Indian Overseas Bank, Central Bank of India, Bank of Maharashtra, Bank of India
and Punjab & Sind Bank have seen their share price zooming between 53 per cent and 80 per cent during the week.
According to a report by news
agency Reuters, the government has shortlisted Bank of Maharashtra, Bank of India, Indian Overseas Bank, and the Central Bank of India
for privatisation in fiscal year 2021-22.
On February 1, Union Finance Minister Nirmala Sitharaman had announced big-ticket privatisation agenda of the government in the Budget 2021-22 which included selling two state-run banks, one general insurance company, seven major ports and the mega Life Insurance Corporation of India (LIC) public issue.
Meanwhile, most large Private Banks (PVBs) and Public Sector Banks (PSBs) reported better-than-expected asset-quality performance with contained non-performing assets (NPA) formation on pro forma basis in October-December quarter (Q3), while the restructuring pool (including the residual pipeline for Q4) too was lower vs. guidance, reducing the tail-end risk, analysts at Emkay Global Financial Services said in a report.
Most banks had largely done the heavy-lifting on provisioning well-= before Q3, and thus overall provisioning cost was moderate, leading to a healthy earnings beat. Factoring in better growth outlook on re-accelerating retail growth and asset quality with the big scare largely behind, the brokerage firm said it upgraded (Pre-result) FY22-23 earnings estimates for large PVBs by 6-30 per cent and PSBs by 14-60 per cent.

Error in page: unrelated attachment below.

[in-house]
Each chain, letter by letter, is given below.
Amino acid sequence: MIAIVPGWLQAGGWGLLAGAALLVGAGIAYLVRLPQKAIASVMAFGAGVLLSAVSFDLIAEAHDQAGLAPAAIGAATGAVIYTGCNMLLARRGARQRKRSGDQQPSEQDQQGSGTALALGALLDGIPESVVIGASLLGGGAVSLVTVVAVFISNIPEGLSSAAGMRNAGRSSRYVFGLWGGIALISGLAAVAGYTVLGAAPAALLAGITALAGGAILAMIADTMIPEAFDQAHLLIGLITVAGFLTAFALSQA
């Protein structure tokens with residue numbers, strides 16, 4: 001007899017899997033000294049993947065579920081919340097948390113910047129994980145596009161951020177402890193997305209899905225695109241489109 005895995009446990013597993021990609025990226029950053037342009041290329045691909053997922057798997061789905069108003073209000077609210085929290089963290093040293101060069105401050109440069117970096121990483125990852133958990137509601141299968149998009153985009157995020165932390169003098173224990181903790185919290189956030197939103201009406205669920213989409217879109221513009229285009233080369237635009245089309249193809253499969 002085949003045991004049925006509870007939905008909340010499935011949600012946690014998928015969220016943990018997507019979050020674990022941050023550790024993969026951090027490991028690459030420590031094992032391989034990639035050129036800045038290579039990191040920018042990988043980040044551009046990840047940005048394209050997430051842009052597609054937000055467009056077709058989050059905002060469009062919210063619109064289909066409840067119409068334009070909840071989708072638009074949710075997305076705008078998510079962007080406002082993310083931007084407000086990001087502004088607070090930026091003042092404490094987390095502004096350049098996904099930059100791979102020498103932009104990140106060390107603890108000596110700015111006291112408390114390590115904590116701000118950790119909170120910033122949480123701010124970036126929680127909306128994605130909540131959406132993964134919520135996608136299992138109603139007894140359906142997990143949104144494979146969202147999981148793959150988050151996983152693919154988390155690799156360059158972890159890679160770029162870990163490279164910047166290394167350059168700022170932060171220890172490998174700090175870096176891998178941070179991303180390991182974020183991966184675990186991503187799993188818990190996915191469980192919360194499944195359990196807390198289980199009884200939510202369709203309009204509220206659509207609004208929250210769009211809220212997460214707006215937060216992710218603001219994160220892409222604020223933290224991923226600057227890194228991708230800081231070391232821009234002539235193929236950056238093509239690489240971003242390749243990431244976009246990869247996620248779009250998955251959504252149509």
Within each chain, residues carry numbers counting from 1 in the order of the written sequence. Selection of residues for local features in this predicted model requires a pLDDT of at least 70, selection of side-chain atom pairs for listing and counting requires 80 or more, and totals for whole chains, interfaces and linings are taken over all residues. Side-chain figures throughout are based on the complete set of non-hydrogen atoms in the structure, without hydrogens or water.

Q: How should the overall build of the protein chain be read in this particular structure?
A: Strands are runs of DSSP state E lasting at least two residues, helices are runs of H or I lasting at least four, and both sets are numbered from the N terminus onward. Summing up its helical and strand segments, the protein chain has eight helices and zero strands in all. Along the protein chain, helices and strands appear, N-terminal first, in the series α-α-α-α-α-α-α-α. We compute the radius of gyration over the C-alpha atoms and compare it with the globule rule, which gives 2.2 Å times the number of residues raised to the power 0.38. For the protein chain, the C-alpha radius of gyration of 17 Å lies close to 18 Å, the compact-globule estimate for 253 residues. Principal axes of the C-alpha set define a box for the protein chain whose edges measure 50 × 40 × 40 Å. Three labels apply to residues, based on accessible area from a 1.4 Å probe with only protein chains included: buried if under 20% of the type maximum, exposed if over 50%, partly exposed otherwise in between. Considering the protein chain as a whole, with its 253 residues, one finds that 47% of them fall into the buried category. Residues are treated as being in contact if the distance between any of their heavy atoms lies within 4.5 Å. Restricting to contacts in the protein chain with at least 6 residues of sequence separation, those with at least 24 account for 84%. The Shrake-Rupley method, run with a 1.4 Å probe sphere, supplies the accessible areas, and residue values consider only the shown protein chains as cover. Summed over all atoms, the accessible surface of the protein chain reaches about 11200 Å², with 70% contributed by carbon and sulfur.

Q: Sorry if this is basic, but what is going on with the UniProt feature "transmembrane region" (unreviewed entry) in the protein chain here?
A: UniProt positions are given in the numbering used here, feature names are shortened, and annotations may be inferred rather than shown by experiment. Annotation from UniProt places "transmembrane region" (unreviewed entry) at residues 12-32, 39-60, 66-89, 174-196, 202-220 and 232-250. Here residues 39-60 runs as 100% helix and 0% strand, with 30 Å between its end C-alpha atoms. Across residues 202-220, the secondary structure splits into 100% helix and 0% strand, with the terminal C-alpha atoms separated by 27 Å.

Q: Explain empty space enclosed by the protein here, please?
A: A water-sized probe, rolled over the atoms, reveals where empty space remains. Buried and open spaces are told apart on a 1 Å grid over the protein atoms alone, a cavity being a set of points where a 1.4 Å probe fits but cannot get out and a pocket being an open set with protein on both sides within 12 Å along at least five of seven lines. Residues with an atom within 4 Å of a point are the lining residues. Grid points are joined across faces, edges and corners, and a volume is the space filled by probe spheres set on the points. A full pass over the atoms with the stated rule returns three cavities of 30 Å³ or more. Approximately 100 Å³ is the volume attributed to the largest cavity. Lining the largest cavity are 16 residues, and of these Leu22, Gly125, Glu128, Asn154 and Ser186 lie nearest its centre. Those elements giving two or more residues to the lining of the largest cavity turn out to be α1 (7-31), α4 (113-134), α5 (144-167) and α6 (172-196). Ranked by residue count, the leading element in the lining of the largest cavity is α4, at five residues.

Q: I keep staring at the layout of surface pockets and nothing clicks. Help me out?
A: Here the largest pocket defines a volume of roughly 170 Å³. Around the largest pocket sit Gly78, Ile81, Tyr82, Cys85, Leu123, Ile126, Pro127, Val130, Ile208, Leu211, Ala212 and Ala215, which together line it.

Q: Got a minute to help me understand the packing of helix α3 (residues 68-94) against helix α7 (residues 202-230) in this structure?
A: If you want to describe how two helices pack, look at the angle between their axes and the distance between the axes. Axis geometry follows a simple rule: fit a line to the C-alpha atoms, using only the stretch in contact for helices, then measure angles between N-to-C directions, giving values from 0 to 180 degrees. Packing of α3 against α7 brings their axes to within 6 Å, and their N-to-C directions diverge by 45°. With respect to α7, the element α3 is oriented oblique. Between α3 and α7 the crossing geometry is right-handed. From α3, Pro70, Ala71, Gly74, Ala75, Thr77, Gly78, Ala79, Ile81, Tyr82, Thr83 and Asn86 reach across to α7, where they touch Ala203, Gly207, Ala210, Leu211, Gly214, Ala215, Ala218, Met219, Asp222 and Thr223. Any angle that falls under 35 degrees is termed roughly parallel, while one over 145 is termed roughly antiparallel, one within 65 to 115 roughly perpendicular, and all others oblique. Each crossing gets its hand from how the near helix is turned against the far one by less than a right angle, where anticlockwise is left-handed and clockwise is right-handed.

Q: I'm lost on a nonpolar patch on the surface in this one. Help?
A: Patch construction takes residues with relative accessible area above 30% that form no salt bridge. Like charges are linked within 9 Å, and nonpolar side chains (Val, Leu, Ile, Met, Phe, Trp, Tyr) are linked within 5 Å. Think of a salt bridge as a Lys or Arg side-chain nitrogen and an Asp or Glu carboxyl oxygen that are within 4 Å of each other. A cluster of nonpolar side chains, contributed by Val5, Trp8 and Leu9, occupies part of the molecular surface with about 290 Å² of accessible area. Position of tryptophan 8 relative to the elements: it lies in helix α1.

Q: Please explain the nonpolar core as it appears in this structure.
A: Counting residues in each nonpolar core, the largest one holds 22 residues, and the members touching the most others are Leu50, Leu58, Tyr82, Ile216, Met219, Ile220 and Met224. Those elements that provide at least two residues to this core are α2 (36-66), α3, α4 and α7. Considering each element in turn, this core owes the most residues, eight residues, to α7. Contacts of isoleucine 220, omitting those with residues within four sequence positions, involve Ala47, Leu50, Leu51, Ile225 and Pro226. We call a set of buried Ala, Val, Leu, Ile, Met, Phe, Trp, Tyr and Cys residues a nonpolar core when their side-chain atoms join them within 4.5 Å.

Analysts attribute the sharp rally in financial stocks, including the typically laggard PSBs, to improving economic/sectoral outlook on retail growth/asset quality and favorable budget proposals (kick-starting investment cycle, stress ARC for PSBs and privatisation of some PSBs), coupled with positive sector rotation/flows. The potential revival of capex/infra cycle could provide further legs to the growth story for banks, while NPA-light and reasonably capitalized residual PSBs emerging from the merger pain could partake in this growth, they say.